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Peat Borer


    The peat borer is a manually driven core sampler designed to collect uncompressed sediment cores for paleoecological studies from a variety of environments, such as wetlands, salt marshes, and estuaries. It is a discrete point sampler, which allows the operator to drive the corer to any point in the sediment profile in the closed position. The cover plates contains the core while it is being removed from the ground so that it is not contaminated by overlaying sediments. The peat borer can obtain samples up to 11 feet below the sediment surface.

Requirements: The peat borer was designed to sample soft, unconsolidated organic-rich sediment from a marsh. It can actually be used to sample soft, unconsolidated sediment of any ecosystem, such as sand, silt, clay and organic-rich sediment.

Suggested Grade Levels
: 9th and above
Suggested Courses: Environmental Science, Earth Science
Video Demonstration: (None available at this time)


Attach either the "T" handle, or one extension rod then the handle onto the corer. Additional extension rods can be added as the bore barrel is pushed down.

  1. Put the stainless steel cover plate in the beginning position. The blunt edge of the corer will be against the over plate to prevent sediment from entering the corer during insertion.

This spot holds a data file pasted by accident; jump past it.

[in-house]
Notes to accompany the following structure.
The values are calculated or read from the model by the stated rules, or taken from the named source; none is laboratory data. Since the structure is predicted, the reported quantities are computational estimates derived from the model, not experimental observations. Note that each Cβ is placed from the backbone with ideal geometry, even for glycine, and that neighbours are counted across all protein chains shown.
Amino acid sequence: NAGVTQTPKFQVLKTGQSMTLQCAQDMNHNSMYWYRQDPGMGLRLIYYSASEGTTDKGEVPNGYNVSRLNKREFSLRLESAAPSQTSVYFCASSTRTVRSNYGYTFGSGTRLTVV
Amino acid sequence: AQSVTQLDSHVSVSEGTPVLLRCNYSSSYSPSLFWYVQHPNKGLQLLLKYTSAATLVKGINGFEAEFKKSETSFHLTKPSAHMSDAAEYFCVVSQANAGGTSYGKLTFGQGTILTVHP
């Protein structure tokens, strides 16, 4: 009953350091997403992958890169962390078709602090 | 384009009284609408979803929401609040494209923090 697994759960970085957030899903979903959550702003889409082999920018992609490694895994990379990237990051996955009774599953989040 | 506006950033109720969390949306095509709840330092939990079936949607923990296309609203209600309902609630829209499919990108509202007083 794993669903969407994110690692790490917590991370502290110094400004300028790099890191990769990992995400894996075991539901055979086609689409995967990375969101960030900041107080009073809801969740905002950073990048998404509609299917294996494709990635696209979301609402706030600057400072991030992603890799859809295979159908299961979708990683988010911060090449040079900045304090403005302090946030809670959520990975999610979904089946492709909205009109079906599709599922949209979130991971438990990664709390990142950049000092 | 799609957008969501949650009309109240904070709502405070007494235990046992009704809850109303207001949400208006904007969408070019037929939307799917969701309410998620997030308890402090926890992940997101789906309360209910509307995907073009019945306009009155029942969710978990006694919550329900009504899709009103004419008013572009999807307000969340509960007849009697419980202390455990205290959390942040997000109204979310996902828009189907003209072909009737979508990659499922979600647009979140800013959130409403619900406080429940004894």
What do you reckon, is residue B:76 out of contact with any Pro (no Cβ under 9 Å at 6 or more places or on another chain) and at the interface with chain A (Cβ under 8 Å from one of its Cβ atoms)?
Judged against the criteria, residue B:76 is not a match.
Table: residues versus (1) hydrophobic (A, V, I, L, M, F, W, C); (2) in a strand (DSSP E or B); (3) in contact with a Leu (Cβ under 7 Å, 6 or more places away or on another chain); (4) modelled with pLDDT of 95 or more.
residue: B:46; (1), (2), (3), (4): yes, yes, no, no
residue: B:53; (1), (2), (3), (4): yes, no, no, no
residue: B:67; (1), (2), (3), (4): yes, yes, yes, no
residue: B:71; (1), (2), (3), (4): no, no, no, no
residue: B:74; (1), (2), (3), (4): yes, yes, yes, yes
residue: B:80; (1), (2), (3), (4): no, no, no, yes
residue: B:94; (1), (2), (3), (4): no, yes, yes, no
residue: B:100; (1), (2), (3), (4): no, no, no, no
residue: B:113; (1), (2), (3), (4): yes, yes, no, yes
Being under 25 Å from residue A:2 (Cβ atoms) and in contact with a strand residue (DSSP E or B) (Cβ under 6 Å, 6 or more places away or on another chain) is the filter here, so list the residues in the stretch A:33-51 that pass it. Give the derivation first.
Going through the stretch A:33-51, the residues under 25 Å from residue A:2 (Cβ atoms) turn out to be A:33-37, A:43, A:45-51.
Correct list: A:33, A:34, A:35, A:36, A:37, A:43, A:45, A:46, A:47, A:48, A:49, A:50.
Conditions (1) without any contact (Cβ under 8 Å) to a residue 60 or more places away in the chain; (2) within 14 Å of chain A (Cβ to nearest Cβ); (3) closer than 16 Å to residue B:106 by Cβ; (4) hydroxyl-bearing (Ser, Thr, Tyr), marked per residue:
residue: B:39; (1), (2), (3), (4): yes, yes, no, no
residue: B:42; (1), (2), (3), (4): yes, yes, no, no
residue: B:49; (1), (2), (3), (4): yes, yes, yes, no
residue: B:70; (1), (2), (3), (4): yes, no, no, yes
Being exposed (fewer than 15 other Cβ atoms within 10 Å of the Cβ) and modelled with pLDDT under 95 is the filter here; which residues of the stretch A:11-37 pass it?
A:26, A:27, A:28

2. Using a forceful motion, push the corer down below the sediment surface. Add extension rods as needed.
  3. Turn the handle (and bore) clockwise to allow the sharpened edge of the tube to cut through the sediments. Figure 2 illustrates this coring position.
  4. Keep turning the handle until the sharp edge of the core tube is against the cover plate in the closed position. See Figure 3.
  5. Bring the corer back up above ground and turn handle (and core tube) clockwise to expose the core sample. See Figure 4.

Additonal notes:

  • Work gloves will be helpful for tightening and loosening the borer pieces and while pulling and pushing the borer into the ground.
  • The help of strong students will be necessary to push the borer into the ground and pull it back out again.
  • If the core sample is to be taken back to the classroom, sampling containers or PVC pipe cut in half length wise will be needed to transport the sample.
SAGE Bristol,
Feb 7, 2012, 11:02 AM